This is based on a post which appeared on formspring.me/zbeauvais
I think the instinct—for lack of a better word—that draws people to act religiously can also affect people with no official religion. While there may be no organised creed, there is organisation in a sort of tribal way. This may be in some way related to a culture of the tribe. It’s the same thing that allows me to identify the tribes of midwestern Christians from America by their handshake, clothing, and sociolect. It’s the instinct that makes people buy into a group mentality like Apple fanboys, football supporters, and wine snobs.
I believe there to be a culture developing around Dawkins and Hitchens and others. There are events like Godless and books like An Atheist’s guide to Christmas which are somewhat organising, I suppose. Also, given the list of people who have contributed (among whom are many people I admire) I would be surprised if they don’t make compelling, interesting and probably very funny reading. But I think the compelling and funny part of the atheist culture is not part of being fundamentally against others’ beliefs, or against God or “a god”. I think the idea of “antitheism” is a far less compelling mindset. I don’t like the idea that one sets their belief and rhetoric as an antithesis.
A possibly relevant illustration would be to look at this in terms of other antithesis positions, like political rhetoric based entirely on the principle of “not being them.” It makes your position one relative to the existence, status, and nature of your opposition, which I think is at least silly and at most dangerous. If I were to consider myself to be an “antiTory,” then I am simply diametrically opposed to the ideas of a party over which I have forfeited any constructive influence. What then for instance, if they do something I agree with? Being convinced for yourself that there is no god is different from setting yourself against the whole notion as the basis of your beliefs.
I don’t think all people who disbelieve in God are “fundamentalist atheists.” I don’t equate a person’s belief and perspective with religiosity. What I do think is that people can religiously follow a group or concept. The word fundamentalist itself is difficult to work with. It’s something that is understood to be positive by people I wouldn’t always think of as fundamentally fundamentalist themselves. For some, the idea of being fundamental is to be true to an idea, and this is not a bad thing in itself. I can fundamentally believe it is best to to act selflessly, to edify others, and this would clearly not be negative.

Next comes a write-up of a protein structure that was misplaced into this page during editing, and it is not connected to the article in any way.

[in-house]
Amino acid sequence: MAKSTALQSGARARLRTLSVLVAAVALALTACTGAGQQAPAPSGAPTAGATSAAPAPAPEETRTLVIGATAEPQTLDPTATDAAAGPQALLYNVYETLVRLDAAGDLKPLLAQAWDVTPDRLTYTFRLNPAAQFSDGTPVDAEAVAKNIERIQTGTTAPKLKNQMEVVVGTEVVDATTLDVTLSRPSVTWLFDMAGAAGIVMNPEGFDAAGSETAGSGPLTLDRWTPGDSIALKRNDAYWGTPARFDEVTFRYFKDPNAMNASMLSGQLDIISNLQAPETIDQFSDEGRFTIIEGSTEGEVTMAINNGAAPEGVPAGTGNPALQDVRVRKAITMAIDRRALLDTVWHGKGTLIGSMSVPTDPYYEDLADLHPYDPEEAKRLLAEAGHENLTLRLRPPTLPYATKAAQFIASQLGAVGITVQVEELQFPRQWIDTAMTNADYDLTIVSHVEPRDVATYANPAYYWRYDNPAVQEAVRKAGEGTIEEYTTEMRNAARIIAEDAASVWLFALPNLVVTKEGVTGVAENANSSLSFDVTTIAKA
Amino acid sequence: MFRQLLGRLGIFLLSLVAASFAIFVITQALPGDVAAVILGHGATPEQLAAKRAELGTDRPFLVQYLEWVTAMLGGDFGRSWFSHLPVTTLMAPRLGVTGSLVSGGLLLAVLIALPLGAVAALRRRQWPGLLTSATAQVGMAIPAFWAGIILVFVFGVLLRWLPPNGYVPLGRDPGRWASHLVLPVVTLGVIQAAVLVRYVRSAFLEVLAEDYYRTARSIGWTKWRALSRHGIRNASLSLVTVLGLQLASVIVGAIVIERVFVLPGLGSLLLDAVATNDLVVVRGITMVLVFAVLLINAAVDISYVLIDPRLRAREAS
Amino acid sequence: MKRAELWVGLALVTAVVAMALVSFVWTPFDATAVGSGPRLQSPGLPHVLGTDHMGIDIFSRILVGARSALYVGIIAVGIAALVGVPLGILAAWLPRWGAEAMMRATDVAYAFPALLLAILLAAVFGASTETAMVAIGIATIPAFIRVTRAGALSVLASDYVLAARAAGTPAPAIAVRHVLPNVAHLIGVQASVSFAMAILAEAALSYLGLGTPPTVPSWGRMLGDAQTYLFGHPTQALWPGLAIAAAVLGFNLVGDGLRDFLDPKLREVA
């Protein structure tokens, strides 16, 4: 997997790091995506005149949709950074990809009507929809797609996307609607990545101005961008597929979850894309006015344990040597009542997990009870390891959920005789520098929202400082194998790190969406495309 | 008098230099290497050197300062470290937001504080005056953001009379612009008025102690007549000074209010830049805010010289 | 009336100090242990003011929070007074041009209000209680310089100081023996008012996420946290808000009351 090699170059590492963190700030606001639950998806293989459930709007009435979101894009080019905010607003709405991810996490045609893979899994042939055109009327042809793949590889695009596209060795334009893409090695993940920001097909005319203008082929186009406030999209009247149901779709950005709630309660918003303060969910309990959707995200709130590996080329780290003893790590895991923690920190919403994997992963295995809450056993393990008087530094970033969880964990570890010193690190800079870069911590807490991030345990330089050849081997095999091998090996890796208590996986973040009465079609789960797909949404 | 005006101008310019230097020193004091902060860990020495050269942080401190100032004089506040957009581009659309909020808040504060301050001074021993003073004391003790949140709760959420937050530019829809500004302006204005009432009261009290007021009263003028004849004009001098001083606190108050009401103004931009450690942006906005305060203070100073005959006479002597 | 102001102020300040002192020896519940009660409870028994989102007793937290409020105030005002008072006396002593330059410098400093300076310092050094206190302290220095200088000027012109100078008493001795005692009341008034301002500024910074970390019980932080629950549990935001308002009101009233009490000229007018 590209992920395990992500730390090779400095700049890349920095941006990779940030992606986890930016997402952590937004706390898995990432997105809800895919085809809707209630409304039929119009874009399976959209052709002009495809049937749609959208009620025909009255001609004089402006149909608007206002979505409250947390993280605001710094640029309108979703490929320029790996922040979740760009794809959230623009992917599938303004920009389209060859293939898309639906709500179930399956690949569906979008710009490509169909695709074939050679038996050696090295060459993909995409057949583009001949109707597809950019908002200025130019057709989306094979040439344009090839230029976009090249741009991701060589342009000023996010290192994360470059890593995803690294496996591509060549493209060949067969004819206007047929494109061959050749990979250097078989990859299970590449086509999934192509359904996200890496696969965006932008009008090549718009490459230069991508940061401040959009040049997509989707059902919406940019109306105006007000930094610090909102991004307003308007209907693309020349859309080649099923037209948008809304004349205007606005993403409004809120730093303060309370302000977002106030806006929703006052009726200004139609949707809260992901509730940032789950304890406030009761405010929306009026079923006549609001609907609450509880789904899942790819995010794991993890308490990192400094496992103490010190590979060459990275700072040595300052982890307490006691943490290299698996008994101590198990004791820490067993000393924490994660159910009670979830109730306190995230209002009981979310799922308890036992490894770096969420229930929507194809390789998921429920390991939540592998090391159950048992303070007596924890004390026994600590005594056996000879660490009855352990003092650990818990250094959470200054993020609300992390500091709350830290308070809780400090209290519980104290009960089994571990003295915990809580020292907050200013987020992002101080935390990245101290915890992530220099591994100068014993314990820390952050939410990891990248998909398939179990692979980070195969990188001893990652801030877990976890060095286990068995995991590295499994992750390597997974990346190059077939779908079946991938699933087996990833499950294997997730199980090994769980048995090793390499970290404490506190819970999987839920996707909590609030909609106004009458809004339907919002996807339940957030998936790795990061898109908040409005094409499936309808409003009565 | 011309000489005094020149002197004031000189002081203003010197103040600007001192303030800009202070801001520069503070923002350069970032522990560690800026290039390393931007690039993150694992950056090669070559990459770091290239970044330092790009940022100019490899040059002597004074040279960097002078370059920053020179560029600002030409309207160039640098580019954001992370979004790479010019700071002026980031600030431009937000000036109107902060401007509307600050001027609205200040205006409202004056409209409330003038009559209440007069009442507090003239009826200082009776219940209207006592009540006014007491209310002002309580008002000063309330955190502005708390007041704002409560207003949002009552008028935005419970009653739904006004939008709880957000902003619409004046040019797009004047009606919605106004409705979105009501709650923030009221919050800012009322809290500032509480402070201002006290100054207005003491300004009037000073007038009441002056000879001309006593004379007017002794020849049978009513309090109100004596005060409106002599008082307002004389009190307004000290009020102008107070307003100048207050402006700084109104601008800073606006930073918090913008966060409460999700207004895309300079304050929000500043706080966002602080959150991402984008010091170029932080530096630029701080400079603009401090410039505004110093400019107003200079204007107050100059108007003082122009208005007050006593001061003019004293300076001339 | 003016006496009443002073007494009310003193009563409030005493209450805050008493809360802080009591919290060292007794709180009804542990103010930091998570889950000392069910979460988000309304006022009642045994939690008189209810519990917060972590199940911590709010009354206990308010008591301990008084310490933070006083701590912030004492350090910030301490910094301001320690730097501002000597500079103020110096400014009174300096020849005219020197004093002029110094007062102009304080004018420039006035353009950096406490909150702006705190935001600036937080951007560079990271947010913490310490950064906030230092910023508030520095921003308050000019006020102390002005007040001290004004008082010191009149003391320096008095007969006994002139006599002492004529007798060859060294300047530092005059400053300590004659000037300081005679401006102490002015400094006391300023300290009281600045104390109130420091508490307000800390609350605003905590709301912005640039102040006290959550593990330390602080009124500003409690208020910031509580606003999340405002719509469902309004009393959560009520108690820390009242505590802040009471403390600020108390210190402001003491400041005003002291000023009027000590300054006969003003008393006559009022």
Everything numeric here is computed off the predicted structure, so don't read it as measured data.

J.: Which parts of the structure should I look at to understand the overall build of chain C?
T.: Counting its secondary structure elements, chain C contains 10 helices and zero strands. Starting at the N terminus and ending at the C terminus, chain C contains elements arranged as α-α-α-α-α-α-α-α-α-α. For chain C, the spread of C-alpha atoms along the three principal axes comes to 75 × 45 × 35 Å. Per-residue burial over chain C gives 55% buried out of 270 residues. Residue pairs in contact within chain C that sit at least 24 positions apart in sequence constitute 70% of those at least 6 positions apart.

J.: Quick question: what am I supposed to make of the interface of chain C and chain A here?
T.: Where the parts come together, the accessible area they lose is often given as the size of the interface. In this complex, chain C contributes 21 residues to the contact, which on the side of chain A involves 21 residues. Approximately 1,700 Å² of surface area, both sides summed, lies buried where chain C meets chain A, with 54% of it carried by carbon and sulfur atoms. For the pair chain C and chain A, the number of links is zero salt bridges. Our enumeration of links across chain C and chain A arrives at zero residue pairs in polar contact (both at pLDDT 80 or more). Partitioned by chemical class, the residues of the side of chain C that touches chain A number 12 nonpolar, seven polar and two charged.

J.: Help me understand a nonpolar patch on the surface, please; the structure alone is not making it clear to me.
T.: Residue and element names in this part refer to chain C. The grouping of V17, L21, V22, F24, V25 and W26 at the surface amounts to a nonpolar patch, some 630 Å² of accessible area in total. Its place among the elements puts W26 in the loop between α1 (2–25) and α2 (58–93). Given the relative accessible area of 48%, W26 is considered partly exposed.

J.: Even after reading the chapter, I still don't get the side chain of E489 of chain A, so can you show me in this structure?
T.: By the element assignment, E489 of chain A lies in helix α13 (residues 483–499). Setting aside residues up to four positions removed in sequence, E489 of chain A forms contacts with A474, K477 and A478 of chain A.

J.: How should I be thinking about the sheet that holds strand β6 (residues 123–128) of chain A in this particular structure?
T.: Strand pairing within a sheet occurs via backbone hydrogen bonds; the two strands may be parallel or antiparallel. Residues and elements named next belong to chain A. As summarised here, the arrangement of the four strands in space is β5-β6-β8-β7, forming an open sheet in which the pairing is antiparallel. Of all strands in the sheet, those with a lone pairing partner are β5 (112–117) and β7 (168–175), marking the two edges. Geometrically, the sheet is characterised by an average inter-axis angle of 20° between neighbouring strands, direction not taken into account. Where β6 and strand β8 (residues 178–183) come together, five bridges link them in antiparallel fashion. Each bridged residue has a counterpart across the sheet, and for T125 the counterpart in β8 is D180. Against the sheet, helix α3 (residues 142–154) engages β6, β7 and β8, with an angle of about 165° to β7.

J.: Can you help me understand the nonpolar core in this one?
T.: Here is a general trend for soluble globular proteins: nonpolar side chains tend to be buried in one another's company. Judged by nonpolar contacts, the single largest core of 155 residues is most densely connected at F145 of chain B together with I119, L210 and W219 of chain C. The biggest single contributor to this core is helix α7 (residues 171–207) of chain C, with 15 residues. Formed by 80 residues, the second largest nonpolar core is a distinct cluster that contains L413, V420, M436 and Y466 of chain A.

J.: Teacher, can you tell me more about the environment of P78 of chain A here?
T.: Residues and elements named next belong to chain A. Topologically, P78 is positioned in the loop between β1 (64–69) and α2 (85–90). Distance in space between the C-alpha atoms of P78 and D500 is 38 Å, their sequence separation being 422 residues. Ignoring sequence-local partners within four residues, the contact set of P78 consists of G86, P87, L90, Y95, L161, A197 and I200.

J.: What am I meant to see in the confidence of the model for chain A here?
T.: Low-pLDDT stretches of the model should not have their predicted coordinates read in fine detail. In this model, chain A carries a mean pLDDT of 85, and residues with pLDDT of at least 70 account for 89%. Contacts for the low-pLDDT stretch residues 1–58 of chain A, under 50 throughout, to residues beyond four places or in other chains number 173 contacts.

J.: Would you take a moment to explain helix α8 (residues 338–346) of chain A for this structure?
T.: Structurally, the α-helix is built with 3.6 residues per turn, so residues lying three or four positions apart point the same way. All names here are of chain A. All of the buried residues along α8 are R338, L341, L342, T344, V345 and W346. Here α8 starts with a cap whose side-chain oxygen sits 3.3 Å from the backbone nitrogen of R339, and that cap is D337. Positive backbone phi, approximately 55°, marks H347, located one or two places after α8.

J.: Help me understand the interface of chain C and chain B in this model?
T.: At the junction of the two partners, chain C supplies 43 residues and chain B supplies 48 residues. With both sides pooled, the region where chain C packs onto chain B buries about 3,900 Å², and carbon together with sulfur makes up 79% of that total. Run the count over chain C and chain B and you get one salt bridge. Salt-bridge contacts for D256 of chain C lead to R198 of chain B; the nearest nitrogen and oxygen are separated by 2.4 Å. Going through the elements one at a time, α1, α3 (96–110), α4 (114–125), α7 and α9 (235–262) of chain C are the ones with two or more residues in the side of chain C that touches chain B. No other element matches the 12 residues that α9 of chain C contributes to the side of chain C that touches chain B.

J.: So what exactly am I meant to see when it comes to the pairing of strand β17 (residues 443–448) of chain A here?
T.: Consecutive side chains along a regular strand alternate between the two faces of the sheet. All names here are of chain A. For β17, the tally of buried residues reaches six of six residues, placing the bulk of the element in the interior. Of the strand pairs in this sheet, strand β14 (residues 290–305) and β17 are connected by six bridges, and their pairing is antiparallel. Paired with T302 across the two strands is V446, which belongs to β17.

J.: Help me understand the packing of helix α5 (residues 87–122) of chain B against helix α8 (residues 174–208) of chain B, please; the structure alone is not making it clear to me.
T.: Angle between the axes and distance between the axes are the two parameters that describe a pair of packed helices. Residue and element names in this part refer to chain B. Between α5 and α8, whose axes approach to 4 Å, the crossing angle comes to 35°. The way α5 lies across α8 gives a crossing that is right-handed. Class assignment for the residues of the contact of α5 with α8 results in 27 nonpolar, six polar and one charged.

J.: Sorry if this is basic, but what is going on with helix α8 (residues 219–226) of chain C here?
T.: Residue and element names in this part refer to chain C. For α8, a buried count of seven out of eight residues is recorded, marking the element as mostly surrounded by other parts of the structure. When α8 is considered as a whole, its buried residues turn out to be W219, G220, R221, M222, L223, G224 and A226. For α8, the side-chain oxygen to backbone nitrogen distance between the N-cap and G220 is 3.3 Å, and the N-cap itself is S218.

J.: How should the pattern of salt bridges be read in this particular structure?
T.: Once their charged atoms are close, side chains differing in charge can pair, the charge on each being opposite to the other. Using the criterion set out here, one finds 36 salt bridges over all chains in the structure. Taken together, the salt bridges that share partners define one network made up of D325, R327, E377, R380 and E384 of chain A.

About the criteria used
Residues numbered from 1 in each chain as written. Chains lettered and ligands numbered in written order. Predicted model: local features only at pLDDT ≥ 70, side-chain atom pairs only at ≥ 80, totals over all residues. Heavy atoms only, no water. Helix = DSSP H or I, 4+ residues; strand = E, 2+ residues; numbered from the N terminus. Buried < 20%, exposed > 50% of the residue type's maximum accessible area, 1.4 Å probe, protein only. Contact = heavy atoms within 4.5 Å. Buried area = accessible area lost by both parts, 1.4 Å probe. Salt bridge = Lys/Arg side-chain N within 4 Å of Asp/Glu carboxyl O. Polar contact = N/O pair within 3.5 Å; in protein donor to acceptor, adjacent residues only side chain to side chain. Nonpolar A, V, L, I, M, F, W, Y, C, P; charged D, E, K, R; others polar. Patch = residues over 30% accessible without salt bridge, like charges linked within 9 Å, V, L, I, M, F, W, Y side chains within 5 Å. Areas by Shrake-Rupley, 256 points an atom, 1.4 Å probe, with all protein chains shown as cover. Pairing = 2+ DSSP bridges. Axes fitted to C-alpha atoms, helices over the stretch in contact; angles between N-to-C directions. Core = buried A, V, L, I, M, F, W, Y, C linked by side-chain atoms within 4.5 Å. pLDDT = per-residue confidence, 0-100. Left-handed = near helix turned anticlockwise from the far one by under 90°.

But I think the word has been used commonly to refer to a kind of self-subsumation into the tribe, culture and ideology of a group. News reports of “fundamentalist terrorists,” which is probably unhelpful, but the word seems to convey a meaning that is useful sometimes, when talking about individuals who surrender their own perspectives to the tribe.
So, in a similar way to how I think of fundamentalist religious people, I would probably consider a “fundamentalist atheist” to be one who believes strongly that there is no god. One who believes that he is in a superior position for believing this way, and that those who believe otherwise are in some sense inferior (pagan, heathen, barbaric perhaps?). And, it would be a person for whom atheism fills a sociological need to belong to a tribe more than it fills the answer to a personal question about the meaning(s) of life.
I fully understand the desire to break free from religious thinking and teaching, and the need to feel unconstrained by a tribal group. I also understand the social desire to feel looked after, cherished and loved and affirmed by being part of something bigger than myself. These tensions are difficult to balance, and I think people find their own ways to do so. I think the balance shifting uncontrollably toward seeking the approval or support of a social group organised around a set of ideas (teaching, creed, reasoning, books and the rest) can only lead to a loss of one’s own, unique perspective. It’s a loss to the world.